Feds end legal fight against Arizona’s shipping container border wall

A long row of double-stacked shipping containers temporarily provided a new wall between the...
A long row of double-stacked shipping containers temporarily provided a new wall between the United States and Mexico in the remote section area of San Rafael Valley, Ariz., Thursday, Dec. 8, 2022. (AP Photo/Ross D. Franklin)(Ross D. Franklin | AP)
Published: Sep. 21, 2023 at 2:54 PM MST
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PHOENIX (3TV/CBS 5) Two cases involving shipping containers that were used as a makeshift wall at the Arizona-Mexico border have been dismissed, the U.S. Department of Justice announced on Thursday.

“Comprehensive border solutions require collaboration and common sense,” U.S. Attorney Gary Restaino for the District of Arizona said in an emailed news release. “When Arizona unilaterally placed hundreds of shipping containers on tribal and federal land back in 2022, it made the border less safe. The containers have now been removed, and the land has been restored. Thanks to the Department of the Interior (through the Bureau of Reclamation) for supporting the rights of the Cocopah Tribe, and to the Department of Agriculture (through the Forest Service) for its vigilance against environmental degradation.”

In August 2022, then-Gov. Doug Ducey issued an executive order for state officials to buy shipping containers that would be used to fill gaps in the wall along the border. When ordered to remove the shipping containers from federal land, Ducey sued the U.S. Bureau of Reclamation and the U.S. Forest Service, saying the state was legally entitled. The Biden Administration then filed its own lawsuit, alleging the state of Arizona did not have permission to build its own border barrier on federal land.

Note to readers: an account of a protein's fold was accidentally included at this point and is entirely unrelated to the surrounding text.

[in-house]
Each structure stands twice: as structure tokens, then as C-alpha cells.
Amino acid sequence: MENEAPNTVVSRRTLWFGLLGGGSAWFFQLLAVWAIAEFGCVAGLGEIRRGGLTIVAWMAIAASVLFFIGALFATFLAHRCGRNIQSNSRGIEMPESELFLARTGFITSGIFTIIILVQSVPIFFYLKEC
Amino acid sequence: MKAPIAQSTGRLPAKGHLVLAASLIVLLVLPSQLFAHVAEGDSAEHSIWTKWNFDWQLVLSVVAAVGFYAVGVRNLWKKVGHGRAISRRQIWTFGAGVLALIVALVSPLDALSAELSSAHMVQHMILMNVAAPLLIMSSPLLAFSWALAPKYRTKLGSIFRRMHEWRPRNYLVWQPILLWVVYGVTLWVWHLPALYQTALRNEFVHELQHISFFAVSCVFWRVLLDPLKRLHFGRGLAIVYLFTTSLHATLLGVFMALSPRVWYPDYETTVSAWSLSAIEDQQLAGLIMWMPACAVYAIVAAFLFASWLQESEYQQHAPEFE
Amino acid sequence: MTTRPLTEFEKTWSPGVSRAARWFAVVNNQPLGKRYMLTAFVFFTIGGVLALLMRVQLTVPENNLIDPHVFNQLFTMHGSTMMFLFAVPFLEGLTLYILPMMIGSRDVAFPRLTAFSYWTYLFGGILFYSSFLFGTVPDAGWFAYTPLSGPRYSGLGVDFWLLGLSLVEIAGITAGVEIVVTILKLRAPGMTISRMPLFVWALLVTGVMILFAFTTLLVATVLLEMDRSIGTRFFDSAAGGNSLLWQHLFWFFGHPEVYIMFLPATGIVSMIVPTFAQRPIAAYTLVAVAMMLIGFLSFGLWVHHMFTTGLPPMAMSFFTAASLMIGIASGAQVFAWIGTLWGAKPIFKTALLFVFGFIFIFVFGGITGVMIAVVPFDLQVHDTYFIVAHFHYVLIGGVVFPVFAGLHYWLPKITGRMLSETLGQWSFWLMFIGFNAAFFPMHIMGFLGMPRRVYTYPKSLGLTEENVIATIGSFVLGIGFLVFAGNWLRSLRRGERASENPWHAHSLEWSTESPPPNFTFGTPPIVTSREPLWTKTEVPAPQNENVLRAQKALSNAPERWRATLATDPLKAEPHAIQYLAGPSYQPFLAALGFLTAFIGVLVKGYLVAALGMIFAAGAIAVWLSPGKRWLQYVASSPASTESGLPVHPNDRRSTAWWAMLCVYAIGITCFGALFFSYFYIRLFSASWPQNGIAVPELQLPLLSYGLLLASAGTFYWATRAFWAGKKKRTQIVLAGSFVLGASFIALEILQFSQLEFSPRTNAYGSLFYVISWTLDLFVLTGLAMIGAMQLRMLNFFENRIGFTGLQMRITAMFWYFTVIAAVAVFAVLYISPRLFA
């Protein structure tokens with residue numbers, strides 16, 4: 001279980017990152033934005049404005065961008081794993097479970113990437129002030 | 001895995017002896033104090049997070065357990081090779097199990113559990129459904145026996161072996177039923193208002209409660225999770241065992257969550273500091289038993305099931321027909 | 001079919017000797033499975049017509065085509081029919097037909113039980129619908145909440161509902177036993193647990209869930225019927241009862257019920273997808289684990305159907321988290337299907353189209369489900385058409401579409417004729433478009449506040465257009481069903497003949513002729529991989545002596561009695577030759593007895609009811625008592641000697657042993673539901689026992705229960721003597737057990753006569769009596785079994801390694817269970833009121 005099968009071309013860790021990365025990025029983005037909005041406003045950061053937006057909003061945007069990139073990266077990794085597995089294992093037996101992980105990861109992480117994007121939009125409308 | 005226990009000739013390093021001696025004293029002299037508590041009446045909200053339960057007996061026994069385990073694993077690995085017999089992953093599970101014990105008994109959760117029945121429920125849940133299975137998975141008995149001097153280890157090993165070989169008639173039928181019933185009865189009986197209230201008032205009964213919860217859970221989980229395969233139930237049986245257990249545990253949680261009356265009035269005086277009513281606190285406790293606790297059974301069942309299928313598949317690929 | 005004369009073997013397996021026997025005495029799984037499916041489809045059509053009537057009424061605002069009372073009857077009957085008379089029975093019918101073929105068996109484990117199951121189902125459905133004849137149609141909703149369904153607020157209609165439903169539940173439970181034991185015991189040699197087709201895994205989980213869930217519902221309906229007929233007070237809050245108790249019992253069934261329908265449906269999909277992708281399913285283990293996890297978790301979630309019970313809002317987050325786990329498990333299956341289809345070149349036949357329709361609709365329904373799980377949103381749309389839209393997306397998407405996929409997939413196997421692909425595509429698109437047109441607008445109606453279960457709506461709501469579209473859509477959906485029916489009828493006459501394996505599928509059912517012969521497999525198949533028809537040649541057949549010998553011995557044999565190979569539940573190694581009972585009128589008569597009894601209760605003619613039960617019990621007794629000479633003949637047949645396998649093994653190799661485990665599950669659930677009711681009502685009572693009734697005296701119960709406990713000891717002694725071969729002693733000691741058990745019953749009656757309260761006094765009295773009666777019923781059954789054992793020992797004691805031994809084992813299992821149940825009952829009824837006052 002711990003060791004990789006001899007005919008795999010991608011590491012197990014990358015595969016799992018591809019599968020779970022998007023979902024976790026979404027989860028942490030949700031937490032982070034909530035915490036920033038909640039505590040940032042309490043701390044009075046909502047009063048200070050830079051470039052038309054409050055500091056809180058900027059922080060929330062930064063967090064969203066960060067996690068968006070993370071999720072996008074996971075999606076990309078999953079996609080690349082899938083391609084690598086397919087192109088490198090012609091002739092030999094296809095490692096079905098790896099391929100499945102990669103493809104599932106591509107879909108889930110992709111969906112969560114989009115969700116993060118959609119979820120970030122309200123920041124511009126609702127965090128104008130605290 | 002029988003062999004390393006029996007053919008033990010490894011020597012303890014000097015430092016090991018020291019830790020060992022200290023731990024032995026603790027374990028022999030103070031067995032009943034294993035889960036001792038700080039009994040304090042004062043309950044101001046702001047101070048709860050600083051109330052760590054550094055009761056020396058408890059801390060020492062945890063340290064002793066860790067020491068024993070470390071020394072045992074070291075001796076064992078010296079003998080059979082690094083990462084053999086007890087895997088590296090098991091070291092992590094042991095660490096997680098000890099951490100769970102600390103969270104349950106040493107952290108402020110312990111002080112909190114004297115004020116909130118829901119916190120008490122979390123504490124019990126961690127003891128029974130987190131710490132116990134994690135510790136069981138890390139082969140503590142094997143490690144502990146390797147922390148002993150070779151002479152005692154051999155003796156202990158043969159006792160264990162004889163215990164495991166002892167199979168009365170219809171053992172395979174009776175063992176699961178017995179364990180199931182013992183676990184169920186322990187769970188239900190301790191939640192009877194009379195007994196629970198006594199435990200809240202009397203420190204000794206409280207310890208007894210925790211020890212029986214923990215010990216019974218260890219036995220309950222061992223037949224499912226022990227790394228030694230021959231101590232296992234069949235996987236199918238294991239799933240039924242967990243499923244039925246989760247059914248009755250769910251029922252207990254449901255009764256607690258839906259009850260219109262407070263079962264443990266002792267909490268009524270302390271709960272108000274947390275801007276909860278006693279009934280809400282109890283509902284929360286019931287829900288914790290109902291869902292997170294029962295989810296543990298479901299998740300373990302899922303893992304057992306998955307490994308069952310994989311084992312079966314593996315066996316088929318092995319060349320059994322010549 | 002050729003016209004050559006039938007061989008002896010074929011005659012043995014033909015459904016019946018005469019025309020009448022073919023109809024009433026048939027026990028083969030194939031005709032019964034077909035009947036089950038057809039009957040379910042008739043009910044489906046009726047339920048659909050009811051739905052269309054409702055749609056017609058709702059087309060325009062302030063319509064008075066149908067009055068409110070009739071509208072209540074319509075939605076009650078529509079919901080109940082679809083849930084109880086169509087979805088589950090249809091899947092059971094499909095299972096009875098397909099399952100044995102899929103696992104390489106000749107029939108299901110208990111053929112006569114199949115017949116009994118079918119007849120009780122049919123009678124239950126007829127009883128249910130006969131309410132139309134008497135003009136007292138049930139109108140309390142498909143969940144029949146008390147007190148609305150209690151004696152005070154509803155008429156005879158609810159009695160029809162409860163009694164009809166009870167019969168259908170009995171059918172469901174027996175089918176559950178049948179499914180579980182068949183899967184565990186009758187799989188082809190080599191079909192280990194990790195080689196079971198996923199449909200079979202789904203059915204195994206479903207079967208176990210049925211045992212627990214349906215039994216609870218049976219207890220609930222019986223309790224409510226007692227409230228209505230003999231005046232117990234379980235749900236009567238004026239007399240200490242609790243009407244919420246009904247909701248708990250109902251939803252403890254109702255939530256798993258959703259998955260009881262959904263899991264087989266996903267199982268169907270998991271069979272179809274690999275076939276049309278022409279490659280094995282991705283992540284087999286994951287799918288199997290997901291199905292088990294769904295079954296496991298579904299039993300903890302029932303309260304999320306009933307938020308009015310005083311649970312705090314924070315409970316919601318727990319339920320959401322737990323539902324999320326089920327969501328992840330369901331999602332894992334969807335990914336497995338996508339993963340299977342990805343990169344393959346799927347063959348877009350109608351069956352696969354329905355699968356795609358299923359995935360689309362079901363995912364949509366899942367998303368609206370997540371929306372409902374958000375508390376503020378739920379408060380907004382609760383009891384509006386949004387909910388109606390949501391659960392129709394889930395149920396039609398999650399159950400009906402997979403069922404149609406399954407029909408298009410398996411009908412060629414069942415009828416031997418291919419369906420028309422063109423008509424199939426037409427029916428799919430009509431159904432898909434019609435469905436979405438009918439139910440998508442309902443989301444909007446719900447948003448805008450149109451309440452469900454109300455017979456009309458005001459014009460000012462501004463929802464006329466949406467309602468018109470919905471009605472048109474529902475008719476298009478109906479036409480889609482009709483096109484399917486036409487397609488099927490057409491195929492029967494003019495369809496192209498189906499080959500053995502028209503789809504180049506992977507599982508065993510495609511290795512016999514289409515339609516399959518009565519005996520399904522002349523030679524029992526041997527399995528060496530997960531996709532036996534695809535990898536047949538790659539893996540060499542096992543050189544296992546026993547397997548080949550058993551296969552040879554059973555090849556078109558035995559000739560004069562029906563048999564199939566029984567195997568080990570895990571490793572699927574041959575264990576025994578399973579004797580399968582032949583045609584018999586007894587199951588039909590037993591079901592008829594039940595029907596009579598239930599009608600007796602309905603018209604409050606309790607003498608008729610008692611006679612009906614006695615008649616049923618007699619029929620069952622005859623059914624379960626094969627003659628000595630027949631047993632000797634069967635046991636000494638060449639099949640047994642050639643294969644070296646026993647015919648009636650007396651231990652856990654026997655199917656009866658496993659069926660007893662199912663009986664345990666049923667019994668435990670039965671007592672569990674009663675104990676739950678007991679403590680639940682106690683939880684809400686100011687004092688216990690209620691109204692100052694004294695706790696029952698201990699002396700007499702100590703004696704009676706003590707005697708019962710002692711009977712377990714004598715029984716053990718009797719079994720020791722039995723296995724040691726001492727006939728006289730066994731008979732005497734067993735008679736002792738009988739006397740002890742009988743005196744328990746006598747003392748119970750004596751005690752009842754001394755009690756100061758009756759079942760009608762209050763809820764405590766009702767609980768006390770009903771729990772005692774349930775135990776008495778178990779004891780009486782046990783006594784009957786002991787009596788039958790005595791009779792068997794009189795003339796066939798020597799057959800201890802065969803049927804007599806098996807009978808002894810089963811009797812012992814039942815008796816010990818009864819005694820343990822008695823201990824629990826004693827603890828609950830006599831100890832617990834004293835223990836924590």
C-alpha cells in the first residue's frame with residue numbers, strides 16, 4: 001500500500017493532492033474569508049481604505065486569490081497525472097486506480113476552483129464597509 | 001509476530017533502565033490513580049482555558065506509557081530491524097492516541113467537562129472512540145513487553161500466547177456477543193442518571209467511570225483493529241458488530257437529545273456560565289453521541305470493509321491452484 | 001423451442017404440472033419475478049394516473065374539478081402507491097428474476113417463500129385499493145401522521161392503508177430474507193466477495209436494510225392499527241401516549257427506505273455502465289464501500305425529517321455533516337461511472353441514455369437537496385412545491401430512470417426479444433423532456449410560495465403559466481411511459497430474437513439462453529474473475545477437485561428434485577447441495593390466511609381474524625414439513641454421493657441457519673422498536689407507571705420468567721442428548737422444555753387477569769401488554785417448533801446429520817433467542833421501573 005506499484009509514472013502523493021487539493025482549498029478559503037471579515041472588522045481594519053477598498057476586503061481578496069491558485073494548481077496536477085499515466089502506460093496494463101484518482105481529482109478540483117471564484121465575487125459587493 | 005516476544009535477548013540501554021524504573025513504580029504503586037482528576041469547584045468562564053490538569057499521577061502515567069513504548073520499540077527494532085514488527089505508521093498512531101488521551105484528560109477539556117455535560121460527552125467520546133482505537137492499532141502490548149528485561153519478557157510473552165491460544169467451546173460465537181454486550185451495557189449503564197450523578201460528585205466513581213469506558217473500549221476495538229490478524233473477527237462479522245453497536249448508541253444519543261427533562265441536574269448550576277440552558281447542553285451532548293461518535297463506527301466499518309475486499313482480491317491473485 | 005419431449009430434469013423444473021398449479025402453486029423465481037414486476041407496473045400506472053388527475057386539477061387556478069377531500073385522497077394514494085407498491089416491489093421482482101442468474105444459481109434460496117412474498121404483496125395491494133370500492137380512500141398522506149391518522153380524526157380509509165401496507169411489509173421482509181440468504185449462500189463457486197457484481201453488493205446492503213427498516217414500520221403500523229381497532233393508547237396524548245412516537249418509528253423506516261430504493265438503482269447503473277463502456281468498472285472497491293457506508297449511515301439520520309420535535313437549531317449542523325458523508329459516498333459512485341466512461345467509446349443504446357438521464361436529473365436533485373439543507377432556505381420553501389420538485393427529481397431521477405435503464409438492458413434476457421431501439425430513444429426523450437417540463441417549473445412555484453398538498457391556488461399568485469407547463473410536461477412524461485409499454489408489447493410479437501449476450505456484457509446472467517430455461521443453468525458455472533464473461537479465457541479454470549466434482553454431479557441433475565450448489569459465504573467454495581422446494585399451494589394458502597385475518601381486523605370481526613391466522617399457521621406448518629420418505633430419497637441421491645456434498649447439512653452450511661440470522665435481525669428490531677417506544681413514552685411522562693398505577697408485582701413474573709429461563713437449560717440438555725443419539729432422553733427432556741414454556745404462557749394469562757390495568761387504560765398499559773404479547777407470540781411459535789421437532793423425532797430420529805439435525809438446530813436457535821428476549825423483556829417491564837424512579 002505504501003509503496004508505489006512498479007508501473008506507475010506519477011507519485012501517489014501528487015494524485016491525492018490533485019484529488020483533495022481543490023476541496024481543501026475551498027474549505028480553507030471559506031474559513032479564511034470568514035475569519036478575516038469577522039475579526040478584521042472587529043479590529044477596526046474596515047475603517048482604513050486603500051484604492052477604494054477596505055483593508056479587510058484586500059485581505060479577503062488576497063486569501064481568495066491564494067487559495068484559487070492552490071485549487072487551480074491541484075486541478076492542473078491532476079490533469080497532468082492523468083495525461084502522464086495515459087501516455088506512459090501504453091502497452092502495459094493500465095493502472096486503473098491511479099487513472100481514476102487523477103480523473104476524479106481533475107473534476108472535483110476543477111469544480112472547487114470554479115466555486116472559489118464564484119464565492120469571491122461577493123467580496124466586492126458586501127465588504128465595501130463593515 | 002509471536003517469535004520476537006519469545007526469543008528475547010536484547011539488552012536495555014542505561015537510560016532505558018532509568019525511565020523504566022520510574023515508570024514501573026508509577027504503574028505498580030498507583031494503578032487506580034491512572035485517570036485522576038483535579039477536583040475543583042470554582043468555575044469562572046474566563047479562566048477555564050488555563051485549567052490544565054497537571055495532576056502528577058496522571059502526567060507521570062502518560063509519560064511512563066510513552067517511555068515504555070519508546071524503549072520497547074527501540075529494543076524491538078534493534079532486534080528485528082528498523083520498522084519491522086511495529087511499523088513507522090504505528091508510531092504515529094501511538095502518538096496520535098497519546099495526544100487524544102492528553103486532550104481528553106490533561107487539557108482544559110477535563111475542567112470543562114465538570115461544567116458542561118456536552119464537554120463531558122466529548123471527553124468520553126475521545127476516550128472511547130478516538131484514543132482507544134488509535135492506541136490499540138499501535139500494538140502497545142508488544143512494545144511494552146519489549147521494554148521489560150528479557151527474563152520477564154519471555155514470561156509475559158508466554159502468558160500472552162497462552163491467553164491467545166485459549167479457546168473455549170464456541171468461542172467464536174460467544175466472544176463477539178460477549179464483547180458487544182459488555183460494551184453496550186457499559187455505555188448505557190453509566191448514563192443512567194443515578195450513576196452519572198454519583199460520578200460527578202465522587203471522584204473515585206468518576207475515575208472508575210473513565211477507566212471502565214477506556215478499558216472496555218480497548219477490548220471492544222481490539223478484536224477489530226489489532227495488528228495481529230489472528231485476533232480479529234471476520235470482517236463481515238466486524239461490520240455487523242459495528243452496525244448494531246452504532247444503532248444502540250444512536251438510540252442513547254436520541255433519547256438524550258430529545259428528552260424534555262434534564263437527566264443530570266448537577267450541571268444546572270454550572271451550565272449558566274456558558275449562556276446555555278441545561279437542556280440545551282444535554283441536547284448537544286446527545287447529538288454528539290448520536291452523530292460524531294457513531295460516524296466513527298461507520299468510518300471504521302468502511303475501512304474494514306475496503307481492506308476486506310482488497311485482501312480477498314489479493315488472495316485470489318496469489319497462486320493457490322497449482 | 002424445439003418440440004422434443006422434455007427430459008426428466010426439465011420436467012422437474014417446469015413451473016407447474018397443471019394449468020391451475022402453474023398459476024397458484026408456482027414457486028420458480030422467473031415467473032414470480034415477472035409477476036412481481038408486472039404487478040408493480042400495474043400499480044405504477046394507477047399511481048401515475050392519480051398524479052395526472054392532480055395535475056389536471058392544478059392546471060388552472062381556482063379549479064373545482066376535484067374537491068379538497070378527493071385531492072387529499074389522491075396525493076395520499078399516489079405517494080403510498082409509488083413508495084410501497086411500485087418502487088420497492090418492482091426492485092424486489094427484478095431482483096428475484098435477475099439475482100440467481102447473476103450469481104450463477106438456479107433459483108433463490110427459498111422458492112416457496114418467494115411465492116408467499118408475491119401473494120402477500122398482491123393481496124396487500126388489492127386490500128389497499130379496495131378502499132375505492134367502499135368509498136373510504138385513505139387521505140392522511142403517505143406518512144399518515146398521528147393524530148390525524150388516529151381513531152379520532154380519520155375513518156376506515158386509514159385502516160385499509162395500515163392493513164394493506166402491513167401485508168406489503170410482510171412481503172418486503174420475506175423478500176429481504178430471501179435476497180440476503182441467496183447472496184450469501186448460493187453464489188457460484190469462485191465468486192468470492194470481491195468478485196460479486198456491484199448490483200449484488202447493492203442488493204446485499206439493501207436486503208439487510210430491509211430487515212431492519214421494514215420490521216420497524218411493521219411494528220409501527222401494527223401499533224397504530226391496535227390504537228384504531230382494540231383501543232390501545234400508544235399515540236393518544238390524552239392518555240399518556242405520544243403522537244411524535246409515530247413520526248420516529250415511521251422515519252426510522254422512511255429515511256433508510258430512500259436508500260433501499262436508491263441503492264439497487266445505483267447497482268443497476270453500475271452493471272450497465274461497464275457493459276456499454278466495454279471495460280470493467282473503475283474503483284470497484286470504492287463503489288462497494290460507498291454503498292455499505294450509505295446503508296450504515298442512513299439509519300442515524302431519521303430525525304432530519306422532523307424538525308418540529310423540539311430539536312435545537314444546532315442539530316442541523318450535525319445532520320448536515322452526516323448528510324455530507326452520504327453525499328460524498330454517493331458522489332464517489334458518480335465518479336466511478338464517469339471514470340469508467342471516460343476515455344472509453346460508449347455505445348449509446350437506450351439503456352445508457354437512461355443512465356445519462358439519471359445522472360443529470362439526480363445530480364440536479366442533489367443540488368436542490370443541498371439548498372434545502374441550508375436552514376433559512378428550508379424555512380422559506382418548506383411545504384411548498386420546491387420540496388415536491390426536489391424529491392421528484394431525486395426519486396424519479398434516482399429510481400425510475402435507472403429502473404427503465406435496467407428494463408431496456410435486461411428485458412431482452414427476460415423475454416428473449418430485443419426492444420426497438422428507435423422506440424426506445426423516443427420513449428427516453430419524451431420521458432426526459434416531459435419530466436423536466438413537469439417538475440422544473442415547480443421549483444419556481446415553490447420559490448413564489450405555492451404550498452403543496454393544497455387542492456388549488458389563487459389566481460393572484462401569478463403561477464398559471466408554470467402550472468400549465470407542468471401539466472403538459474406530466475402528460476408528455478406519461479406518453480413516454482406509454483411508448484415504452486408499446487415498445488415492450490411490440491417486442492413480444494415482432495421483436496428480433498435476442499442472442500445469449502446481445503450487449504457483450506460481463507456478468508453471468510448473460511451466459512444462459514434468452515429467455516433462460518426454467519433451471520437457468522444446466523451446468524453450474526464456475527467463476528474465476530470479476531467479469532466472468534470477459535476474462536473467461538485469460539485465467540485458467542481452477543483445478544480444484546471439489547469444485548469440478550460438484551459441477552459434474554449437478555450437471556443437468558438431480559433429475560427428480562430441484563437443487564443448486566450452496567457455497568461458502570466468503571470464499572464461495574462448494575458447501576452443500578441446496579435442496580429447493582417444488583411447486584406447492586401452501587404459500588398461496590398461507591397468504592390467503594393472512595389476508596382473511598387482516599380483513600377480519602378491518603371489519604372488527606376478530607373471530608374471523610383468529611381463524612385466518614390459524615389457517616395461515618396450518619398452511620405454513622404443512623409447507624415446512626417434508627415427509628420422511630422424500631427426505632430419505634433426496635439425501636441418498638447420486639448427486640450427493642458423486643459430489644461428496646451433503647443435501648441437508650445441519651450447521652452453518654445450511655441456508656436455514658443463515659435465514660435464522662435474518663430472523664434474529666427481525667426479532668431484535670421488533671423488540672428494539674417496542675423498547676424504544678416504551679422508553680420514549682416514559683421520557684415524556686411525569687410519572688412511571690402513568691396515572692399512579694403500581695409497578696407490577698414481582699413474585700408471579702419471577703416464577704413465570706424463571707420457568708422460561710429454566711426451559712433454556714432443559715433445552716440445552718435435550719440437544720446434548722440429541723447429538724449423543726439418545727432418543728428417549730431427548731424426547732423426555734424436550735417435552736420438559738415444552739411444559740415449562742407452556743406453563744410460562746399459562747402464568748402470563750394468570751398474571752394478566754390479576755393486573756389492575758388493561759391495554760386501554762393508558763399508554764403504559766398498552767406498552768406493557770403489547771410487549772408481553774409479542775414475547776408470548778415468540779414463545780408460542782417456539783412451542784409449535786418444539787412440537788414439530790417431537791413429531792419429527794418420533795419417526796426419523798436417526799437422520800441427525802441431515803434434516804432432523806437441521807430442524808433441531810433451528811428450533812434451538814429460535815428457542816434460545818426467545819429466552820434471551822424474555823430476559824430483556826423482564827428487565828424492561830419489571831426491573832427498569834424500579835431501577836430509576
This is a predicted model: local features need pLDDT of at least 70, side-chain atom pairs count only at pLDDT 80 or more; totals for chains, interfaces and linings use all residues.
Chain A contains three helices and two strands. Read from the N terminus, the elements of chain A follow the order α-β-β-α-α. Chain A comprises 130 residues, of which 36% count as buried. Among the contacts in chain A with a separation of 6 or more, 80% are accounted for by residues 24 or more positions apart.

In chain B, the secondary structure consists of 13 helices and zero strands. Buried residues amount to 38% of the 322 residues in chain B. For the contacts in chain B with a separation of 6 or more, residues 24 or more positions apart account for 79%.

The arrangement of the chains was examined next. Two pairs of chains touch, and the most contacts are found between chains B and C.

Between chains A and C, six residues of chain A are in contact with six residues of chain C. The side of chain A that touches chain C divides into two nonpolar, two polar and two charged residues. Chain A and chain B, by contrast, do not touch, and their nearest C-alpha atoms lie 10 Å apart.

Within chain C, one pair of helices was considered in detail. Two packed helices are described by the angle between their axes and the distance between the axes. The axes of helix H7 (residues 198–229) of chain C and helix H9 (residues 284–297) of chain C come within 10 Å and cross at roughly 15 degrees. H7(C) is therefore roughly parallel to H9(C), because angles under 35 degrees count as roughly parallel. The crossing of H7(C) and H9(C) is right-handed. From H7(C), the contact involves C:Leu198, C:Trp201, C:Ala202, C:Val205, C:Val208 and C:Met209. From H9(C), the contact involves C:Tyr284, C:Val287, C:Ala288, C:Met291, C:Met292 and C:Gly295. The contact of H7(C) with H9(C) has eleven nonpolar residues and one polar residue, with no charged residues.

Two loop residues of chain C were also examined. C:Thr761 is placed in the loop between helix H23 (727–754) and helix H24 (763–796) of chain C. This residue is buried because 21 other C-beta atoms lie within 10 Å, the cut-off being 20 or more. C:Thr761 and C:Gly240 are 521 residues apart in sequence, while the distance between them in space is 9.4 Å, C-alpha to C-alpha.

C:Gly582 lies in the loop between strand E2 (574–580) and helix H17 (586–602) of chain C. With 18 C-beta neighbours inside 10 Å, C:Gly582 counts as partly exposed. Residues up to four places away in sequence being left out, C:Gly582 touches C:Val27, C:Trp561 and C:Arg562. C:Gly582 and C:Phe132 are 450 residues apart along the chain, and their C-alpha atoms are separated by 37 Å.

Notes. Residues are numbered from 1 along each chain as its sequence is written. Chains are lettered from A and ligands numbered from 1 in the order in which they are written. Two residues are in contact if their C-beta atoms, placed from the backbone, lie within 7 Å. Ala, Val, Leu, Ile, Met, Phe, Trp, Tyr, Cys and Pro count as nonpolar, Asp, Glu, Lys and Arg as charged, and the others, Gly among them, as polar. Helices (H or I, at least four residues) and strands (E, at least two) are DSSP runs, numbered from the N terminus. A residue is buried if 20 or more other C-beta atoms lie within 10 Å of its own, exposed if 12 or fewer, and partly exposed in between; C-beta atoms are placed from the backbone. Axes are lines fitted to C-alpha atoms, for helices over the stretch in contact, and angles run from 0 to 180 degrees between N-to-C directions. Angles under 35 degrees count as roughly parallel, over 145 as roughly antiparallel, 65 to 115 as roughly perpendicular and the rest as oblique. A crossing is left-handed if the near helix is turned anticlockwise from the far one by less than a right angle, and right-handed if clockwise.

In December, Ducey’s administration and federal officials reached an agreement. The state would stop installing the containers in the Coronado National Forest and remove the ones already in place in Cochise and Yuma counties. In addition to removing the shipping containers from federal land, the DOJ says the state “completed extensive remediation work on National Forest lands that had been damaged.” Arizona also paid the federal government an additional $2.1 million so the Forest Service could complete additional work along the border, including revegetation. Both cases were then put on hold.

Arizona's Family investigative reporter Morgan Loew discusses the state losing millions of dollars on a plan to build a border barrier out of shipping container

By the time Katie Hobbs was sworn in as governor in January, the shipping containers had largely been dismantled. After spending $95 million in state funds to place the containers, nearly the same amount was spent to remove them. The containers were then made available to government agencies and nonprofits and are expected to go on sale to the general public in October. When all is said and done, the state of Arizona is expected to recoup less than $4 million of the approximately $175 million it spent on the project.

The U.S. determined the lawsuit was no longer necessary because the state resolved the situation by removing the containers, repairing the damage, and paying for additional remediation. Both cases were dismissed on Sept. 15.

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